When hotels sign rate parity deals with online travel agencies (OTAs), they agree not to advertise the same room as the deals site for less (including on their website). As a result, many customers assume they will always get a better deal if they book through sites like Expedia and Hotwire, so they avoid booking directly through the hotel. This has mitigated many hotel operators’ ability to manage the amount they pay annually in OTA commissions.

While OTAs will always represent an important piece in a hotel’s revenue, management also doesn’t want to cannibalize business that might have booked directly in the first place. This takes strategic efforts to draw customers to their websites, front desks, and phone lines. Recently, I rallied a group of hotel marketing experts to help devise several such strategies. Here’s what they recommended.

Offer Deals for Less Than the OTA, But Limit the Audience

Rate parity only applies to discounts that hotels offer to everyone on the Internet. Companies can get around this by fencing the audience for deals. This can include your social media following, loyalty program participants, and customers on an email list.

You could, for example, design an image with a discount code for one of your rooms, then post that on Facebook. The hotel that ran this ad generated about $2,000 in sales just from the ad in one month, compared with less than $100 from Facebook the month previous:

Similarly, you can email a list of loyal customers a deal for a return stay. This can include straight discounts to the room rate or perks such as gas cards or tickets to a local event. Be sure your front desk staff invites guests to join this list at check out and that they specify that signing up gives them access to deals and other specials. Additionally, your front desk team can include a discount coupon towards a future stay with the customer’s receipt.

While digital communication is important, direct mail has also proven successful for some hotels. People are inundated by email, so a 5-by-8-inch postcard – like this one from the Sebastian Hotel in Vail – could cut through the clutter.

Create ‘Packages’ with a Higher Value than OTA Savings

Packaging services and other perks is another effective way to offer discounts to customers without breaching parity agreements. Even if the room rate is higher than what the OTA advertises, the value of the package can be more than what the customer would have saved with the OTA rate.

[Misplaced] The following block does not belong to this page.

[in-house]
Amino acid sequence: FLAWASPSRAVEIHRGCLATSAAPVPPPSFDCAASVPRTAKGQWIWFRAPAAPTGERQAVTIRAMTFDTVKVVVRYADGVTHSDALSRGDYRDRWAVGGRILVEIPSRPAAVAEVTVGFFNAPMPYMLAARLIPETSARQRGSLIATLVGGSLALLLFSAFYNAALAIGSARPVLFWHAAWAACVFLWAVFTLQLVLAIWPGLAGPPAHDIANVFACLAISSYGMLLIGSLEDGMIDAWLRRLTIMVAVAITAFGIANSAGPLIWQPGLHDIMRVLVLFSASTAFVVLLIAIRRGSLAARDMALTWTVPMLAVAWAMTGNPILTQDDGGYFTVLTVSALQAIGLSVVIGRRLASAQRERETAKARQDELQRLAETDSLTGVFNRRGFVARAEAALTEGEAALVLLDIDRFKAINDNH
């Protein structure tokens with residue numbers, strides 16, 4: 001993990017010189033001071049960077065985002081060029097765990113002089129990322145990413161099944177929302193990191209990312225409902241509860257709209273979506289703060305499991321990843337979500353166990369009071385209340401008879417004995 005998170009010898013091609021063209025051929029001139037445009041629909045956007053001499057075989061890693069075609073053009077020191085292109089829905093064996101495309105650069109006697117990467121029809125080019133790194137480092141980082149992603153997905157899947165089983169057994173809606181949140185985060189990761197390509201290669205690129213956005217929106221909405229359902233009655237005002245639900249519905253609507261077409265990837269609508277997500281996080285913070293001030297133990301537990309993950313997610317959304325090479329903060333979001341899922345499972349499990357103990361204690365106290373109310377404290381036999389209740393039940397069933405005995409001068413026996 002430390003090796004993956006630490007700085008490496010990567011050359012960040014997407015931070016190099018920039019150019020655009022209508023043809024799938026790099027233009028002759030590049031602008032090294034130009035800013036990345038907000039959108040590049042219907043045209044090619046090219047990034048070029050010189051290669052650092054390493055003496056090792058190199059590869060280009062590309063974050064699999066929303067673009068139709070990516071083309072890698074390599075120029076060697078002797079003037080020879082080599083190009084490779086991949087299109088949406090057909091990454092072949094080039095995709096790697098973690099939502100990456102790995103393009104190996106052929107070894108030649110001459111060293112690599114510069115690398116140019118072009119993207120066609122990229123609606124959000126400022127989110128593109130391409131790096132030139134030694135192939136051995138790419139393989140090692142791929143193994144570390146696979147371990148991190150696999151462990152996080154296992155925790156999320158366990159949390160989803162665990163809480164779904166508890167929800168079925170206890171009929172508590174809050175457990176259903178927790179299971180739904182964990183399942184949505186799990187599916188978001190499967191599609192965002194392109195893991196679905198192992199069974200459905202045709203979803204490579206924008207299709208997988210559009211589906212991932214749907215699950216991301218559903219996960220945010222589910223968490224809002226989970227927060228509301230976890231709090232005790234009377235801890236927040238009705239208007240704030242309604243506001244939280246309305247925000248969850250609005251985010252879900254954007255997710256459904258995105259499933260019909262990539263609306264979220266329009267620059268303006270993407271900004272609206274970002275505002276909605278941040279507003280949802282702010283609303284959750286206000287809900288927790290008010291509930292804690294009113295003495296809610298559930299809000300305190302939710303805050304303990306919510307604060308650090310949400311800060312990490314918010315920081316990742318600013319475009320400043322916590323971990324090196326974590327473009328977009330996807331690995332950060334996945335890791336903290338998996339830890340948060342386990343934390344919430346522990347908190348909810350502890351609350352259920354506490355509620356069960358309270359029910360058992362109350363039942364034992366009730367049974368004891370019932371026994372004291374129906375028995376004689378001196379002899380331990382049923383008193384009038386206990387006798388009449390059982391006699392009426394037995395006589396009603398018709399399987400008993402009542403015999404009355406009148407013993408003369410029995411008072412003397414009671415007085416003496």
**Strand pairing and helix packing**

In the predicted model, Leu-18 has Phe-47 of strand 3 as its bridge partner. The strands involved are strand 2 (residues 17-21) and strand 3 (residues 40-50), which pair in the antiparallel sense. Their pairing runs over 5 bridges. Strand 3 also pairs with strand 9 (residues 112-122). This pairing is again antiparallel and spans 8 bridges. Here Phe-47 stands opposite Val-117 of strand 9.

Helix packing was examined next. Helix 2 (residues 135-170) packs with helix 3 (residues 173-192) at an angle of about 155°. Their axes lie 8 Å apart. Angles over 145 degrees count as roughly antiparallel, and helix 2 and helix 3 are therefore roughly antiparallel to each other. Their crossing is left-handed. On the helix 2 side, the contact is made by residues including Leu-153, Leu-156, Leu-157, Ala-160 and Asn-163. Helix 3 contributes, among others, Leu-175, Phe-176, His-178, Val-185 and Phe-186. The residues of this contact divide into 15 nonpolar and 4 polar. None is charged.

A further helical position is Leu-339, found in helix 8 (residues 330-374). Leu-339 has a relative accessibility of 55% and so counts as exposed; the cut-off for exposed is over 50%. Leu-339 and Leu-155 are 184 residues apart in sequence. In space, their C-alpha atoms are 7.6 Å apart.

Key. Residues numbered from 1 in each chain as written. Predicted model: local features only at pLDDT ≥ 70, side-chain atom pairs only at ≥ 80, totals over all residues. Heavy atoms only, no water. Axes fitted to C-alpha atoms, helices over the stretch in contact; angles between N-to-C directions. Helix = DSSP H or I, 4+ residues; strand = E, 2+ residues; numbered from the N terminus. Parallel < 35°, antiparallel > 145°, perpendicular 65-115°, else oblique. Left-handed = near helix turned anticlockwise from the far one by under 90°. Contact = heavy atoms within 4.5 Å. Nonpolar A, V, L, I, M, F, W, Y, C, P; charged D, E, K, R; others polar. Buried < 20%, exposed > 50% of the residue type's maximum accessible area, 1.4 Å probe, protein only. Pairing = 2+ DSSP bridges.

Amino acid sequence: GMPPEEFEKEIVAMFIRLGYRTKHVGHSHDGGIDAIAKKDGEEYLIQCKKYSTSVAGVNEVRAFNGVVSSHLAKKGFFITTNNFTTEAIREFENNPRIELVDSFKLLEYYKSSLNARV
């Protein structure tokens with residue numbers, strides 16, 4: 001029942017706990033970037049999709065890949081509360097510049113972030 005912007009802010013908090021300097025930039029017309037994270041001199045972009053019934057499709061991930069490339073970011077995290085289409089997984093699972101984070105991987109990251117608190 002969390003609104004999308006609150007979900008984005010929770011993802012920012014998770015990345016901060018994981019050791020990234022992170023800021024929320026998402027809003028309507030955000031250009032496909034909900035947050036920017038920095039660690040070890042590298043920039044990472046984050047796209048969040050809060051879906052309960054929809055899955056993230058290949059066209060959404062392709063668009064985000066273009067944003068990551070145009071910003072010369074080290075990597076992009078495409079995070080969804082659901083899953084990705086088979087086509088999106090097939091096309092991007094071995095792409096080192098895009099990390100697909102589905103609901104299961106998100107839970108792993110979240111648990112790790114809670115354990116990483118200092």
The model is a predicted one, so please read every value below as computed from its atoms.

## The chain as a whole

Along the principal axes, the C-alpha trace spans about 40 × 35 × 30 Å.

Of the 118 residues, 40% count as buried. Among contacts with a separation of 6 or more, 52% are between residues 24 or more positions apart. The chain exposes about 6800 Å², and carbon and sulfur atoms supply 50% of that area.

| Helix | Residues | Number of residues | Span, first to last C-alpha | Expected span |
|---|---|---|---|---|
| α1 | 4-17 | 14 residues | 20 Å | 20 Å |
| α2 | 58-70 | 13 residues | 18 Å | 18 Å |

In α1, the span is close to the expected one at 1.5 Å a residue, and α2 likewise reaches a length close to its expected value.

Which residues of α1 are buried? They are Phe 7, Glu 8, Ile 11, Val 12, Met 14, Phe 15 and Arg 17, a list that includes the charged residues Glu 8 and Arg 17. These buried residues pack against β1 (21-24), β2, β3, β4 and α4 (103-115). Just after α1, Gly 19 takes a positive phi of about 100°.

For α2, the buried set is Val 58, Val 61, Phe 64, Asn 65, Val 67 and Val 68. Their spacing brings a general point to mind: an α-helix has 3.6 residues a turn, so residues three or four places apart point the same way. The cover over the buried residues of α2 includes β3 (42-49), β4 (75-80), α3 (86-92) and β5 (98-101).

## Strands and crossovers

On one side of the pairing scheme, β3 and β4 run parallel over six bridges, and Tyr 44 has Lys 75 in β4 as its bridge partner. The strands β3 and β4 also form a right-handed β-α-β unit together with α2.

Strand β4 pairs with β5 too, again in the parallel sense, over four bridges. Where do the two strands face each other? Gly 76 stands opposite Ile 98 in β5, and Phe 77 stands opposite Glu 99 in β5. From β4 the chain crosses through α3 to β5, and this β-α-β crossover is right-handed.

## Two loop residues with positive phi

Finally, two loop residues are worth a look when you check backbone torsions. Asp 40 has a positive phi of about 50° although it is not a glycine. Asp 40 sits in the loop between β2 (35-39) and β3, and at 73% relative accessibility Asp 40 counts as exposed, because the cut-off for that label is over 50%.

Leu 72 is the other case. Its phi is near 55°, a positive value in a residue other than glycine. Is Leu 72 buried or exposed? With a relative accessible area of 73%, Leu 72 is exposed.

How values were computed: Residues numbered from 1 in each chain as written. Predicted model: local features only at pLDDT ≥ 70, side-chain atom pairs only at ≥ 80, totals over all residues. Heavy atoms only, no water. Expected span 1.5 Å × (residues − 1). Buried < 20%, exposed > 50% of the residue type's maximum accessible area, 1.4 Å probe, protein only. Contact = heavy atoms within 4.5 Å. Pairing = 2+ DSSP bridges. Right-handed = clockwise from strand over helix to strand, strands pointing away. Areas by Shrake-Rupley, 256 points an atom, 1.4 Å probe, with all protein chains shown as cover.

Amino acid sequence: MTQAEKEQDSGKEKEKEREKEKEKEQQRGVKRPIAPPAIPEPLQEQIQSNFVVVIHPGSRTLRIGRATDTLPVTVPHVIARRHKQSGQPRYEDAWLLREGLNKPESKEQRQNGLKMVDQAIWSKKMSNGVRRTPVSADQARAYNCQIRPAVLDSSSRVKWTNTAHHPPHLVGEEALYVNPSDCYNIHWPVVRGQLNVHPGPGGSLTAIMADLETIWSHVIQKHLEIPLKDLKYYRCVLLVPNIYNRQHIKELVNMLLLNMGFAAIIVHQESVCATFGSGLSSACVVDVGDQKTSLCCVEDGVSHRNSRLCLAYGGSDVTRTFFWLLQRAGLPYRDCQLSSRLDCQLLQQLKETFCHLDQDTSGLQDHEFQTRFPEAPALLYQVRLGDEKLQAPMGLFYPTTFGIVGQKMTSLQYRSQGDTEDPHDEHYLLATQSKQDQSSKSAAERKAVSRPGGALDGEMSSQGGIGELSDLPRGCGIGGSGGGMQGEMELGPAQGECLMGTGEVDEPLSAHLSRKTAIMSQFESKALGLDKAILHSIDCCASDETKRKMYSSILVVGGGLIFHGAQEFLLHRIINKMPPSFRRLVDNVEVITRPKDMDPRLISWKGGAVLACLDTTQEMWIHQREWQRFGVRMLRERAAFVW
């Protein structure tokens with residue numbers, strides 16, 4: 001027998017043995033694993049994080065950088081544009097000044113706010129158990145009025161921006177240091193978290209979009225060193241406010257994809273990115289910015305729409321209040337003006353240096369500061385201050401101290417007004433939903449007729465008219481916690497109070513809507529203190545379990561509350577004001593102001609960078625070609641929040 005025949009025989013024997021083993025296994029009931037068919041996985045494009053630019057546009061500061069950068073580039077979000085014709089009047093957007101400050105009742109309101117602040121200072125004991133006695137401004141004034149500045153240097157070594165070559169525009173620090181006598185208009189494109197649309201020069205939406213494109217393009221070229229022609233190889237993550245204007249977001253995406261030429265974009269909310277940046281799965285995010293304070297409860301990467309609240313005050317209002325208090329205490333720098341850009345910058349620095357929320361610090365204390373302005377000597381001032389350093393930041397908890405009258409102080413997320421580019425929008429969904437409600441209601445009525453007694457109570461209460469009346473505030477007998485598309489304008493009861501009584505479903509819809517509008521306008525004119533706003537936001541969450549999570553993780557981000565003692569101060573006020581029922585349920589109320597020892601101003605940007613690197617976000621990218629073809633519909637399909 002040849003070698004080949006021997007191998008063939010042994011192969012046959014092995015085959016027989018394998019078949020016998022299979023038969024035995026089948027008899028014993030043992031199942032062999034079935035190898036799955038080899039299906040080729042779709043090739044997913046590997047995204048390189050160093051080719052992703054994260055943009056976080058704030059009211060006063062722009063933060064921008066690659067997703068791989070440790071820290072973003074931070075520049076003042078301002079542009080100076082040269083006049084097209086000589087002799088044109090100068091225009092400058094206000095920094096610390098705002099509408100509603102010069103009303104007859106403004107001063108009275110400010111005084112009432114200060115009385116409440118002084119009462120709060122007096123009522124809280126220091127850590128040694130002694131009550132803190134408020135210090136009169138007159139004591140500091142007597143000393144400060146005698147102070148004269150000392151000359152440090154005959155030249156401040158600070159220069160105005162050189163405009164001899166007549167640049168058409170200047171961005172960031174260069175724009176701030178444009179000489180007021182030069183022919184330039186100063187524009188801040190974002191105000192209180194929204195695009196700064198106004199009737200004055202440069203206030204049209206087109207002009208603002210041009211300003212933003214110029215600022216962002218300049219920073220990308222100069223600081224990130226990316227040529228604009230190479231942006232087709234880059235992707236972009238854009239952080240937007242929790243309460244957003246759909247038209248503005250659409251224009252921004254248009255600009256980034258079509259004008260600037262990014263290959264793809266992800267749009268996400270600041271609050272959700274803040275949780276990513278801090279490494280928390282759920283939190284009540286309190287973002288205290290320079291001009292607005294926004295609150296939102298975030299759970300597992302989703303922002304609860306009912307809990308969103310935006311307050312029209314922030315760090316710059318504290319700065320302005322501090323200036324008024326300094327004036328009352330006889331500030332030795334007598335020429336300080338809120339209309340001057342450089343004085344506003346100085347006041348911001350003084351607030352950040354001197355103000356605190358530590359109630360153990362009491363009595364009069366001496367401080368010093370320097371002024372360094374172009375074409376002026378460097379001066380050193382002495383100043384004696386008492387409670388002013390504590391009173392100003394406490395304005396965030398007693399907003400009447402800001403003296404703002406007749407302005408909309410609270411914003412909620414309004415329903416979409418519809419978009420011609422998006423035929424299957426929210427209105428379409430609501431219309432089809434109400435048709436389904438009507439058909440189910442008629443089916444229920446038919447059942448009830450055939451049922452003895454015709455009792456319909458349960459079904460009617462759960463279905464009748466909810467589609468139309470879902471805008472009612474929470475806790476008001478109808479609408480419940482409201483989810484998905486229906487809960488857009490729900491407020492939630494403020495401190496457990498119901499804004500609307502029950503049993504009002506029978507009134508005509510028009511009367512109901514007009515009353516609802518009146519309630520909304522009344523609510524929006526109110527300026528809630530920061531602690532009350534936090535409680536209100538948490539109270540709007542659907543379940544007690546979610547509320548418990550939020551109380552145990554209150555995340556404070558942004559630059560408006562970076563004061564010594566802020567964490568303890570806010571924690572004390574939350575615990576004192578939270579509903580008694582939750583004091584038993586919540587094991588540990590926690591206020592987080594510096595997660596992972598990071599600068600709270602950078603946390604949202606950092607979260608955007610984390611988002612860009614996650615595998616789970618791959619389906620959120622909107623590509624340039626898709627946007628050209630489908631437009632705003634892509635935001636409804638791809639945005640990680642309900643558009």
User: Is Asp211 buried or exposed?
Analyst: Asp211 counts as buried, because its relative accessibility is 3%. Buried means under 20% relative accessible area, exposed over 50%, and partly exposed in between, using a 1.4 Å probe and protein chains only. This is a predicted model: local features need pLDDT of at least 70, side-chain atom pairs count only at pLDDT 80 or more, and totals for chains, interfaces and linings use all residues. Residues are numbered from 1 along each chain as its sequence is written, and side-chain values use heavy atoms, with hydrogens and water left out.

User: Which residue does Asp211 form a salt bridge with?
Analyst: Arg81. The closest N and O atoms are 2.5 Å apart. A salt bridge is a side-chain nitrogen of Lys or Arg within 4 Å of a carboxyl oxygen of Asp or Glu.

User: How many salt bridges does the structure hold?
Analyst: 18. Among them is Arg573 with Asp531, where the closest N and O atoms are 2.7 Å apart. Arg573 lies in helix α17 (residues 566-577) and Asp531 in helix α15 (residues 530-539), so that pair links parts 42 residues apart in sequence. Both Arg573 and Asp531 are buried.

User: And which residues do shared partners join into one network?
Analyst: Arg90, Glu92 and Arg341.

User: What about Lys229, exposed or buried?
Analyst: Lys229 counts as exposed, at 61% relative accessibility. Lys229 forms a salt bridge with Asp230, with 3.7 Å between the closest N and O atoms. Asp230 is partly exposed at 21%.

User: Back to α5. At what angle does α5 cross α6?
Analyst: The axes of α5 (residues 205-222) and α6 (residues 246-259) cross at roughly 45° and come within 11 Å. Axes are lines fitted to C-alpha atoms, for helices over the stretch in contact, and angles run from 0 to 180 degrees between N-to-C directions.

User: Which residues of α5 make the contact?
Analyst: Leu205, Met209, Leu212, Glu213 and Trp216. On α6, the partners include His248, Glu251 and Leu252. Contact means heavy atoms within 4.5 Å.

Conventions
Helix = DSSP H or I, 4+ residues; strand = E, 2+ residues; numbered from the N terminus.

Many hotels will create package “themes.” Ritz-Carlton and the Hilton San Francisco, for example, have entire pages on their websites dedicated to deals. Some are targeted more towards families, others zero in on spa-inspired travelers.

Ritz Carlton

Hilton San Francisco

Use Design Best Practices to Keep Them Onsite

One of the biggest mistakes hotels can make is not capitalizing on the website traffic they do generate, especially when you consider a lot of those visitors could come directly from the OTA.

When customers search for deals on OTA sites, often they will have a few options in a similar price range. This might prompt them to head to each hotel’s website to learn more about the amenities. Hotels can do a few things to increase their likelihood of inspiring the customer to say onsite.

  • Make online booking obvious and seamless. Make sure that your “reserve now” or “book now” call-to-action buttons are in the top left or right side of the page. These allow the customer to check availability in real time and book their stay without calling an agent. If you don’t have a hotel management system, you should review services that integrate directly with your reservation or property management system if you have one.
  • Post deals and offers on every page on the website, in a variety of formats. Earlier I mentioned the “offers pages” on Ritz-Carlton and the Hilton websites. These pages are linked directly to a tab on the homepage that says “offers.” For example:

  • You can also create offers pop-up screens that flash immediately when someone visits your website. These should include a direct, “book now” button as well. Here’s an example from the Napa River Inn:

  • Finally, Make sure that images of your best rooms are featured front and center. While it can be difficult to persuade customers that you can offer a better deal (even if you do), you can convince them that it’s worth paying the extra price for a nicer room. Feature these differentiators with professional photos of your best room’s view, soaking tub, square footage or whatever else best “ sell” the room.

By implementing the tips we’ve laid out in this article, savvy hotels can drive more direct bookings, without breaching OTA agreements and essentially “biting the hand that feeds them.”


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Guest Article

Ashley Verrill has spent the last six years reporting and writing business news and strategy features. Her work has been published or cited in GigaOM, Inc., Forbes, CIO.com, the Austin Business Journal and the North Bay Business Journal. She currently writes software reviews for Software Advice and is the Managing Editor for the Customer Service Investigator blog.

About the author

Are Morch is the founder and owner of Are Morch – Hotel Marketing Coach. Get more from Are on Facebook | Twitter | LinkedIn | Pinterest | Instagram| Podcast